Campaign committees supporting proposed school district tax increases around the state have raised nearly $340,000, according to reports filed with the secretary of state this week.

The biggest donors were construction companies, bond advisors, real estate developers and education unions, who contributed more than half the $338,888 given to campaign committees in 20 districts.

Some two-dozen districts are seeking about $1.5 billion in property tax increases for construction projects and increased operating funds. (Get full details in this Chalkbeat Colorado story.)

The biggest war chests have been raised by committees supporting multi-million bond issues in two rapidly growing districts, Falcon in El Paso County and Brighton in Adams County.

Significant sums also have been raised by committees backing tax proposals in the Adams 12-Five Star, Boulder Valley and Mapleton districts.

In Falcon, Citizens for District 49 has raised $85,000 and spent $62,130. About half the contributions – $40,000 – has come from an independent expenditure committee named the Committee for Colorado Education Reform. That group, in turn, has been funded by MREC Oakwood CO Ranch LLC, a partnership that is developing the Banning Lewis Ranch, a large development in the district.

The committee also has received $25,000 from Falcon Community Builders for Classrooms, a construction-industry related group, and $20,000 from Stifel Nicholaus, an investment banking company that works with school districts.

Pie chart of contributions

Falcon is seeking voter approval for a $107.4 million bond issue to build new schools.

In Brighton, the IAM27J committee has raised $66,668 and spent $50,173. Large contributions include $3,500 from the Brighton Education Association, $4,000 from JHL Constructors and $10,000 from Oakwood Homes. (Oakwood is a partner in the Banning Lewis Ranch development referenced above.)

The district is proposing a $148 million bond issue for new schools and other projects.

Residential development in the two districts has sparked significant enrollment growth. Falcon grew from 8,660 students in 2003 to 18,880 in 2013, rising from 19th to 14th on the list of districts as ranked by enrollment. Brighton ballooned from 8,265 to 16,698 students in the same period, rising from 21st to 16th.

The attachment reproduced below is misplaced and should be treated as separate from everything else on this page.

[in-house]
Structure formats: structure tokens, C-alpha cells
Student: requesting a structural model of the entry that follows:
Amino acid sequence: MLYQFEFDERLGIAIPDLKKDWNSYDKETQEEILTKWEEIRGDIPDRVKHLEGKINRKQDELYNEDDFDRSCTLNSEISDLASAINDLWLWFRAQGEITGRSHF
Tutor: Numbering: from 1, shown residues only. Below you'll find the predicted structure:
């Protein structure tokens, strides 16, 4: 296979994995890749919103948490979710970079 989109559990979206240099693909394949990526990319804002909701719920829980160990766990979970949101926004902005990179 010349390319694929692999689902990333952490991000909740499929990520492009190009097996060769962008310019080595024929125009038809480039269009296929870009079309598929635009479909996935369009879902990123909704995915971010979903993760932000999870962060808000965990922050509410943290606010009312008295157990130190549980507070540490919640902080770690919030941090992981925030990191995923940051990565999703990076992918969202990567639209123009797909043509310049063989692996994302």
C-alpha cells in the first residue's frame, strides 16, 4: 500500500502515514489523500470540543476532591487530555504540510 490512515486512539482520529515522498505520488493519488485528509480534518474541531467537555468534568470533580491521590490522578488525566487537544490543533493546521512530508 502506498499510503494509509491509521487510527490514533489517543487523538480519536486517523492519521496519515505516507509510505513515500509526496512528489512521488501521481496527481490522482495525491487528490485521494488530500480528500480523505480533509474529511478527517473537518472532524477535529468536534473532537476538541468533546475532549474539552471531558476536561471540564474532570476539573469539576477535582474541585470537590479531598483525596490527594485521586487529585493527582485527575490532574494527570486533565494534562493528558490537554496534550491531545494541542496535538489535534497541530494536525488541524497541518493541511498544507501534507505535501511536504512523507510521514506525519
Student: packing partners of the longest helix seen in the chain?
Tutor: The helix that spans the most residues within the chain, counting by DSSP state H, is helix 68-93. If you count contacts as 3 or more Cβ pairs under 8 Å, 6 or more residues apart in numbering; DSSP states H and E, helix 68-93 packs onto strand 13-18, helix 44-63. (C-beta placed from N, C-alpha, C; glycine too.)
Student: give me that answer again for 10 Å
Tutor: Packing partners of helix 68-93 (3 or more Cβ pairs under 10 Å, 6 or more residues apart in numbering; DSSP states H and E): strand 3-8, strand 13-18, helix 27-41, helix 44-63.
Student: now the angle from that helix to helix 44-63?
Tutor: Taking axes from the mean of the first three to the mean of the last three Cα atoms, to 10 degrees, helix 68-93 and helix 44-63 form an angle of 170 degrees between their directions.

Both districts have a mixed history of persuading voters to pay for new buildings to hold all those students. A $125 million Falcon bond issue failed in 2010, and the last bond to pass was $28 million in 2001.

Over the last 14 years Brighton has passed three bond issues totaling $167.4 million but lost three others totaling $241.5 million.

Fundraising in other districts

The third largest amount of money, $58,020, has been raised by Citizens for Adams 12 Schools, which is backing the district’s $220 million bond and $15 million override. The largest contributions include $20,000 from real estate company WS-ACB Development, $17,000 from Stifel Nicolaus, $10,000 from Adophson & Petersen construction company, $5,000 from the district classified employees association and $4,000 from the Colorado Education Association.

In addition to Adams 12 and Brighton, three other districts in western Adams County have tax measures on the ballot. (Get details on those and all district tax proposals in the spreadsheet at the bottom on this story.)

In Adams 14 the We Believe committee has raised $10,259 and spent $5,451. RBC Capital Markets gave $2,500.

In Mapleton the Yes for Mapleton group has raised $17,415 and spent $14,279. Major contributions include $10,000 from Mountain States Toyota, which is in the district, and a combined $4,500 from construction firm Neenan Co. and three executives.

There’s no campaign committee in Westminster, where the district is requesting a $20 million bond. (State laws bars districts from spending public money in support of ballot issues, so independent campaign committees are formed in some, but not all, districts.)

The Boulder Valley school district is proposing this year’s largest tax measure, a $576.4 million bond issue. District enrollment — 30,546 in 2013 — has grown only about 10 percent in the last decade. But district leaders say years of budget cuts and deferred maintenance require the large bond issue.

The Yes on 3A committee has raised $33,623, including donations of $4,000 from CEA, $2,000 each from two executives of Adolphson & Peterson and $1,500 from the Boulder Valley Education Association, along with a large number of smaller individual donations. The committee has spent $24,021.

Cheyenne Mountain is the only other district where a campaign committee has raised more than $10,000. All of that money has come from relatively small individual and business contributions.

Overall contributions to district campaigns fluctuate election-to-election depending mostly on how many big districts have measures on the ballot. In 2012, the most recent election with a large number of districts on the ballot, nearly $1 million had been raised by mid-October. Aurora, Cherry Creek, Denver and Jefferson County all had proposals before voters. There also were a large number of district ballot issues in 2011, but the only big district was Douglas County, and mid-October fundraising totaled only about $263,000.

The next reporting deadline is Oct. 31.

This spreadsheet includes information gathered by the Colorado School Finance Project as of Oct. 6.